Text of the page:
Politically, 2017 has been a year of disruption and distraction.
The hope is that the Turnbull Government can now settle down to governing, with the same-sex marriage legislation out of the way, the dual citizenship issue being “managed” (but maybe not done), and two by-elections won, and dusted.
So, the government used the release this week of MYEFO (The Mid-Year Economic and Fiscal Outlook) to lay the basis for the next budget, and to begin to set their economic agenda through to the next election. Turnbull’s final act for the year was a significant reshuffle of his ministry.
With MYEFO the government was emphasizing the somewhat lower budget deficit this year, and the prospect of a larger surplus and lower debt in 2020/21, and drew attention to the somewhat better private investment outcome on the back of even stronger corporate profits, and the recent very strong employment growth. They didn’t have much to say about the still historically weak wages growth and very flat household spending, against the background of record household debts.
Although they actually lowered their predictions of future wages growth a little, the assumed prospective pick-up over the next few years is still the way they claim to generate a return to budget surplus. Most economic commentators still view the wages assumption as “heroic” and, therefore, the assumed surplus as quite unlikely, especially as key elements of spending (such as the disability scheme) are expected to run away over the next several years.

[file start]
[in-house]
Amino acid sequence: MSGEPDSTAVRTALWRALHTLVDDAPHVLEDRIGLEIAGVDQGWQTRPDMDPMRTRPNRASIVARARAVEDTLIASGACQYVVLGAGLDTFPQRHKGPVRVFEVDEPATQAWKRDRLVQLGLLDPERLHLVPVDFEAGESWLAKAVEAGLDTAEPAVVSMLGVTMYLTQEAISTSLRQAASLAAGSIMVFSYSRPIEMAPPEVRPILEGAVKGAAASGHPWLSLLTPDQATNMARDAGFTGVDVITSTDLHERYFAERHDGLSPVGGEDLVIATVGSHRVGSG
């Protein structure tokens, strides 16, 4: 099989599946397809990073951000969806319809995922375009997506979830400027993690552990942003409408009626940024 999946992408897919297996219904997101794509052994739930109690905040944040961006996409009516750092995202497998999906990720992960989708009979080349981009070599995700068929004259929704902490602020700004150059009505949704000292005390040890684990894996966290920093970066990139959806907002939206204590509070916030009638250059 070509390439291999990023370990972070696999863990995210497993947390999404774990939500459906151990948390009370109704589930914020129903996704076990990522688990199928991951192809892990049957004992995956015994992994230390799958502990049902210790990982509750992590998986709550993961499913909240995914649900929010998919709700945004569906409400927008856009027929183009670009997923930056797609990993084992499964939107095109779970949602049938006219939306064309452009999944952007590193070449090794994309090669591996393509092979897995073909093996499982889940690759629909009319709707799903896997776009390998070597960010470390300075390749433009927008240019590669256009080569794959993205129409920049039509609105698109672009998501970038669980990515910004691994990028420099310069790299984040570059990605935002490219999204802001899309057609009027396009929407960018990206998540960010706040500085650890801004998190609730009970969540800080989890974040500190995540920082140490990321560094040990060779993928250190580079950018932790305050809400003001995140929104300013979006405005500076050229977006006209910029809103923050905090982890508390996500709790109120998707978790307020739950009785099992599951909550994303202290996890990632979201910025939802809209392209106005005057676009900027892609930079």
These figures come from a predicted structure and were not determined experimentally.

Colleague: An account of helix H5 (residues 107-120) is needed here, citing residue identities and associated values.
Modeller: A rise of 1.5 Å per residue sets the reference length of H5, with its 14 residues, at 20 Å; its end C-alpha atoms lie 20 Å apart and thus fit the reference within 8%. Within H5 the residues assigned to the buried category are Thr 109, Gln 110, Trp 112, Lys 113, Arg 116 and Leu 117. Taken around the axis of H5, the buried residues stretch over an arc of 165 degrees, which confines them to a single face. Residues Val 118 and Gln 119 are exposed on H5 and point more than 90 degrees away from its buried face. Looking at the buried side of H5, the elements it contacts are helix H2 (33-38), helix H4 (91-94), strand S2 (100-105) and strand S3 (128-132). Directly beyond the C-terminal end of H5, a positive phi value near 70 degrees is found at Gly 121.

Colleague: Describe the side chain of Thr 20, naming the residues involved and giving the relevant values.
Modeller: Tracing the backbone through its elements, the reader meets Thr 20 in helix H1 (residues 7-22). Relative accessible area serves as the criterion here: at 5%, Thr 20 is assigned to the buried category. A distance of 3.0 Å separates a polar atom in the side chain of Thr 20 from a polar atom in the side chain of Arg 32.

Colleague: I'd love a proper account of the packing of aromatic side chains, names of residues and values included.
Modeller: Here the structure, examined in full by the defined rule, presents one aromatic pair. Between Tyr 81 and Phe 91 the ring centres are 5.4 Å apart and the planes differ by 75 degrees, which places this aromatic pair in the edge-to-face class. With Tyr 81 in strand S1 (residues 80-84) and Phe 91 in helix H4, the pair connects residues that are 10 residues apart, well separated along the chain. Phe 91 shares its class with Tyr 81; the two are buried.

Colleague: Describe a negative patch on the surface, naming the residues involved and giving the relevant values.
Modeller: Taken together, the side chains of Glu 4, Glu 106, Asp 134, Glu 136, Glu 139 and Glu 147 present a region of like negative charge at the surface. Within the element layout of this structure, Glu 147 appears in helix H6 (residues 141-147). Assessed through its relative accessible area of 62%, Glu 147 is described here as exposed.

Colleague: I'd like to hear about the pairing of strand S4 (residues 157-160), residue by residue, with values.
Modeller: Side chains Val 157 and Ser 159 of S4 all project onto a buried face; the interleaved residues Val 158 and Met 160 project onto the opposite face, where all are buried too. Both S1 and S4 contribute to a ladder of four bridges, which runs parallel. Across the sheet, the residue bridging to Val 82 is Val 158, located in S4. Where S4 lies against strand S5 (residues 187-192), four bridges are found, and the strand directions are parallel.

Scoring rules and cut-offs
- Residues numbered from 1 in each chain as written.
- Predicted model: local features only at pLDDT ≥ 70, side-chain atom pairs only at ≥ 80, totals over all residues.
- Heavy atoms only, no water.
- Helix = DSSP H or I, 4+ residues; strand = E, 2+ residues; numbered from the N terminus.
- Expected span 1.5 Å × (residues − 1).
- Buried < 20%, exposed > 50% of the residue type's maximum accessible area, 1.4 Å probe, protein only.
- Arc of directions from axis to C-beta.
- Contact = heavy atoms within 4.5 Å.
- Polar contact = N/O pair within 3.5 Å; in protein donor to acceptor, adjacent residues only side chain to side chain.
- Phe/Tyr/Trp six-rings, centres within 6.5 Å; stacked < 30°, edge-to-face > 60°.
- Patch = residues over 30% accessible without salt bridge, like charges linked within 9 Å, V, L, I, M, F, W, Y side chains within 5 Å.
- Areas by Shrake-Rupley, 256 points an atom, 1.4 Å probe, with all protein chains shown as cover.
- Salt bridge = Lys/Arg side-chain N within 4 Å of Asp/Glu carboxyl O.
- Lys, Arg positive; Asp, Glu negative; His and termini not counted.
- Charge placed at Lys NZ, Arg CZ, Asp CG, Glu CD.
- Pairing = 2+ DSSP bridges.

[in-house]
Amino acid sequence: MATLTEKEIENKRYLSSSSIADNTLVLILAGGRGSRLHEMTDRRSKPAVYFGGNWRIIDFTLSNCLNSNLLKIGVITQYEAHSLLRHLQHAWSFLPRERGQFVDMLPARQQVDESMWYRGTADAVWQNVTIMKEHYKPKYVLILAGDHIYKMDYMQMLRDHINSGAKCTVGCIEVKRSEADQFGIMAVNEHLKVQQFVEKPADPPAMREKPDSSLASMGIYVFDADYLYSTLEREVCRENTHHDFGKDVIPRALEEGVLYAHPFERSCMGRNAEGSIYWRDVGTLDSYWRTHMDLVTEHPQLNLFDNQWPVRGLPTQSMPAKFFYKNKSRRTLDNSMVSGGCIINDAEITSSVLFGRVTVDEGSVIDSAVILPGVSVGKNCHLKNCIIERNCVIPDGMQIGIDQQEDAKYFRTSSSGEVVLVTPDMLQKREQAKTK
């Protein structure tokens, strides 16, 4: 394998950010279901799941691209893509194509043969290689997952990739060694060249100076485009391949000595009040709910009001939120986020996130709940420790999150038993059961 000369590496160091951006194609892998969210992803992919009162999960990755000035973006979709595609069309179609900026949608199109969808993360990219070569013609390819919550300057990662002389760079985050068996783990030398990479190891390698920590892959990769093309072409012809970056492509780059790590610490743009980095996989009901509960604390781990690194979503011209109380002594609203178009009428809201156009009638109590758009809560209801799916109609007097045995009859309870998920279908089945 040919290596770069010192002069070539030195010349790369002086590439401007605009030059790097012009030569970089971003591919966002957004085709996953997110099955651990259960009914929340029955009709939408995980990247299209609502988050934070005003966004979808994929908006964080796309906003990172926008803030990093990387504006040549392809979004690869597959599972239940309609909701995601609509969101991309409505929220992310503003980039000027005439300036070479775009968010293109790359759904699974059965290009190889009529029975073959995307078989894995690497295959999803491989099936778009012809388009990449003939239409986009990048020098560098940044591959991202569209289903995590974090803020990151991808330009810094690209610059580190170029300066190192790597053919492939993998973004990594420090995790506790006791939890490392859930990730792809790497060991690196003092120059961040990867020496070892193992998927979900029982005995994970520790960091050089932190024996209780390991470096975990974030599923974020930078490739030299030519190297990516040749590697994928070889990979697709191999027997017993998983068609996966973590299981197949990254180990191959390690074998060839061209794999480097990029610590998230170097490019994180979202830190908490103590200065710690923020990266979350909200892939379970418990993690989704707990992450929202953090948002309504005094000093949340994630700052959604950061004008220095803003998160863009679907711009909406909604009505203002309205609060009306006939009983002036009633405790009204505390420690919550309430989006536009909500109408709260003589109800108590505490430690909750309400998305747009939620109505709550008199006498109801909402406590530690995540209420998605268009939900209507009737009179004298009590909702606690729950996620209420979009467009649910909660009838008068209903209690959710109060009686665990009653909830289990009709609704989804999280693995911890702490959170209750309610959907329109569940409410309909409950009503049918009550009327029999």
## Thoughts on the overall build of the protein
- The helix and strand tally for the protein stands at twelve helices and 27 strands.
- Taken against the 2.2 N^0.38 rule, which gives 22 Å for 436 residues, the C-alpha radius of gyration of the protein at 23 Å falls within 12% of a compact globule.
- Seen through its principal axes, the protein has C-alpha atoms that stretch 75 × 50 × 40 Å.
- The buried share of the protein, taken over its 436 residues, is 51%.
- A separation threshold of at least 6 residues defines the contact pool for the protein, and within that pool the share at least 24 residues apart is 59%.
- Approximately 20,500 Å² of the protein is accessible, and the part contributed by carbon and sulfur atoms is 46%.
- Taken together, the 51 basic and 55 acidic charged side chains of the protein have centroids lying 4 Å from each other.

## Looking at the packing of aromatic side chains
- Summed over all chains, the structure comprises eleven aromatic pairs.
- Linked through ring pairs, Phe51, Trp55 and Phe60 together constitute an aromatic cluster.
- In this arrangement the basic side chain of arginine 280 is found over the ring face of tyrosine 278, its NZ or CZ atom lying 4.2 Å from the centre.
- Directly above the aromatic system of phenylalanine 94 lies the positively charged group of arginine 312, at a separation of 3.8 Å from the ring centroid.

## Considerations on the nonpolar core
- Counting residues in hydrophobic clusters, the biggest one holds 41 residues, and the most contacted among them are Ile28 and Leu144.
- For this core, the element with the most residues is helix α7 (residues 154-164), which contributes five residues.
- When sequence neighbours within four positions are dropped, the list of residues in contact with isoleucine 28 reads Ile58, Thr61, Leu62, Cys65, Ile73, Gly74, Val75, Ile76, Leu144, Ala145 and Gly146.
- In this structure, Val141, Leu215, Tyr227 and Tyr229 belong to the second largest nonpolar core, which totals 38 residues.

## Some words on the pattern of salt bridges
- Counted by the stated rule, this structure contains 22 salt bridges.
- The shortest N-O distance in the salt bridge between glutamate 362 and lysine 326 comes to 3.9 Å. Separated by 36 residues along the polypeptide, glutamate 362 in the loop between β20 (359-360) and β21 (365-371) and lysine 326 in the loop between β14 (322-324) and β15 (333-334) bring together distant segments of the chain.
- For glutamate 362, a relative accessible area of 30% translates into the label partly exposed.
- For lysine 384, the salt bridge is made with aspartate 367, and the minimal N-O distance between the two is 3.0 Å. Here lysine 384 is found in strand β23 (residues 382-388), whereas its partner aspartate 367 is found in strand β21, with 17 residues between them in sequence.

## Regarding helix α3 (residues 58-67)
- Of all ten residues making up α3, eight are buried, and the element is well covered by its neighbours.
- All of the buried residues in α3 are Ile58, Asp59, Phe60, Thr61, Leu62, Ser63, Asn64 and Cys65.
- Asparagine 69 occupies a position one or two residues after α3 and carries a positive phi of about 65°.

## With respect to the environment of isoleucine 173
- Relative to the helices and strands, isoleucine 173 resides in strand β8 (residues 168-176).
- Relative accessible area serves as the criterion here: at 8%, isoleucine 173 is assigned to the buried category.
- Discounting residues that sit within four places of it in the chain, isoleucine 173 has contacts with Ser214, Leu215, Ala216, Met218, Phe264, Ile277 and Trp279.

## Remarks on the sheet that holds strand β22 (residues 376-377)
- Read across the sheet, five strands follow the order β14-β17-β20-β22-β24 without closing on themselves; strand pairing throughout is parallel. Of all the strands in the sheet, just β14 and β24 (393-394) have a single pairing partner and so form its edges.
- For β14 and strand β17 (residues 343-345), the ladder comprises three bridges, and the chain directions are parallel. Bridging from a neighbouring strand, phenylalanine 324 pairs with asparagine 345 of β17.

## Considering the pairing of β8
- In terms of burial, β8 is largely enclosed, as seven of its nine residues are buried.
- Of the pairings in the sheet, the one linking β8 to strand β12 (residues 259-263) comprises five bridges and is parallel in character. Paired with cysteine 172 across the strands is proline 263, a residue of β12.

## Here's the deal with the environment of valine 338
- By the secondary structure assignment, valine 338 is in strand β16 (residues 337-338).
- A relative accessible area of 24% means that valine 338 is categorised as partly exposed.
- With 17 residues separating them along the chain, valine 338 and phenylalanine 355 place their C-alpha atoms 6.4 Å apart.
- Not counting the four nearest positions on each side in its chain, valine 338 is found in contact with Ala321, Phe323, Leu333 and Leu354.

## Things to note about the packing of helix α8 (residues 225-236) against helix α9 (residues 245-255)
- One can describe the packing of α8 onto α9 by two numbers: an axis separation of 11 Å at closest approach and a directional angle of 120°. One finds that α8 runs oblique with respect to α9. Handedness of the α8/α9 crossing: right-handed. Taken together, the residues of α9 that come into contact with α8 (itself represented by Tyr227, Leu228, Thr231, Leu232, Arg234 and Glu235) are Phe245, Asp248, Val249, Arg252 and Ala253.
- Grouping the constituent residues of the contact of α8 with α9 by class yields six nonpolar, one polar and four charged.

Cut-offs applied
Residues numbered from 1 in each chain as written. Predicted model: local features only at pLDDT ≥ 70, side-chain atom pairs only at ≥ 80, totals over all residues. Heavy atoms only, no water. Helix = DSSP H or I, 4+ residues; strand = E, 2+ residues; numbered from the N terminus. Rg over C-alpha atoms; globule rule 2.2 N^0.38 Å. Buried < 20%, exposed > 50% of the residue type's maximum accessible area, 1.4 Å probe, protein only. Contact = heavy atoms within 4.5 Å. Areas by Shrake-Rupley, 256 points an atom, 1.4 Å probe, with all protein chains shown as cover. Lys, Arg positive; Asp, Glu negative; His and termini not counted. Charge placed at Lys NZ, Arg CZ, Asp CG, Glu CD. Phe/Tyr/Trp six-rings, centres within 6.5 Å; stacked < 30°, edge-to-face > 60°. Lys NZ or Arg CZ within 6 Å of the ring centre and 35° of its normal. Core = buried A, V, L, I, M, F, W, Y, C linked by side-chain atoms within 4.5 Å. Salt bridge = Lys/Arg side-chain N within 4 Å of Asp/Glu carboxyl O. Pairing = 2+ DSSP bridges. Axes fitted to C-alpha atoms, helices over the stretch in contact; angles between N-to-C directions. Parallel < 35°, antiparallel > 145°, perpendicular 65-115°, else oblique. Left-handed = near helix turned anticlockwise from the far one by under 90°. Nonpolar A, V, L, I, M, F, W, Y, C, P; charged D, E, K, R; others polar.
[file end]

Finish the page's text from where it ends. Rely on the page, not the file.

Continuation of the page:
Overall, our growth rate still has a “2” in front of it and, given all the global risks and uncertainties, it will be a big ask to get it back to the 3-4 percent they wish.
However, stock markets are breaking records, all buoyed by the prospect of Trump delivering on lower taxes and more infrastructure, but doubts linger as to whether it is funded and sustainable, especially as the Fed is foreshadowing further increases in interest rates through next year.
Turnbull is now pinning his electoral hopes on promising to deliver both personal and corporate tax cuts. They are using the slightly better MYEFO numbers to create the impression that they will be able to fund it. Turnbull’s low personal poll standing mostly reflects the fact that he has failed to live up to expectations. It is most dangerous to go on to raise further expectations if in the end you again fail to deliver.
Turnbull’s reshuffle was all politics, and not much to do with merit or ministerial capacity. Most commentary has understandably focused on his “sell-out” to Joyce and the Nats.
This is particularly hard to understand and accept as the Nats were a large cause of the political disruption and distraction through 2017, and a major reason for the government’s poor standing in the polls. Blatant disunity, attempts to run their own policy agendas (especially forcing a Banking Royal Commission against Coalition policy), threats to cross the floor or sit on the cross benches, Joyce’s own citizenship debacle, and his acceptance of gifts, and so on.
There is little doubt that the Nats have lost touch with their electorates, and fear One Nation stealing their support. They clearly have much to do to reestablish their legitimacy. But, conning the government into shifting its ministry to their advantage, and other blatantly populist moves, certainly won’t help. Turnbull is left depending on a few new, inexperienced ministers in key portfolios, along with a number of other non-performers. That the Nats argue against quotas for women, but insist on their quota of ministerial posts, basically says it all.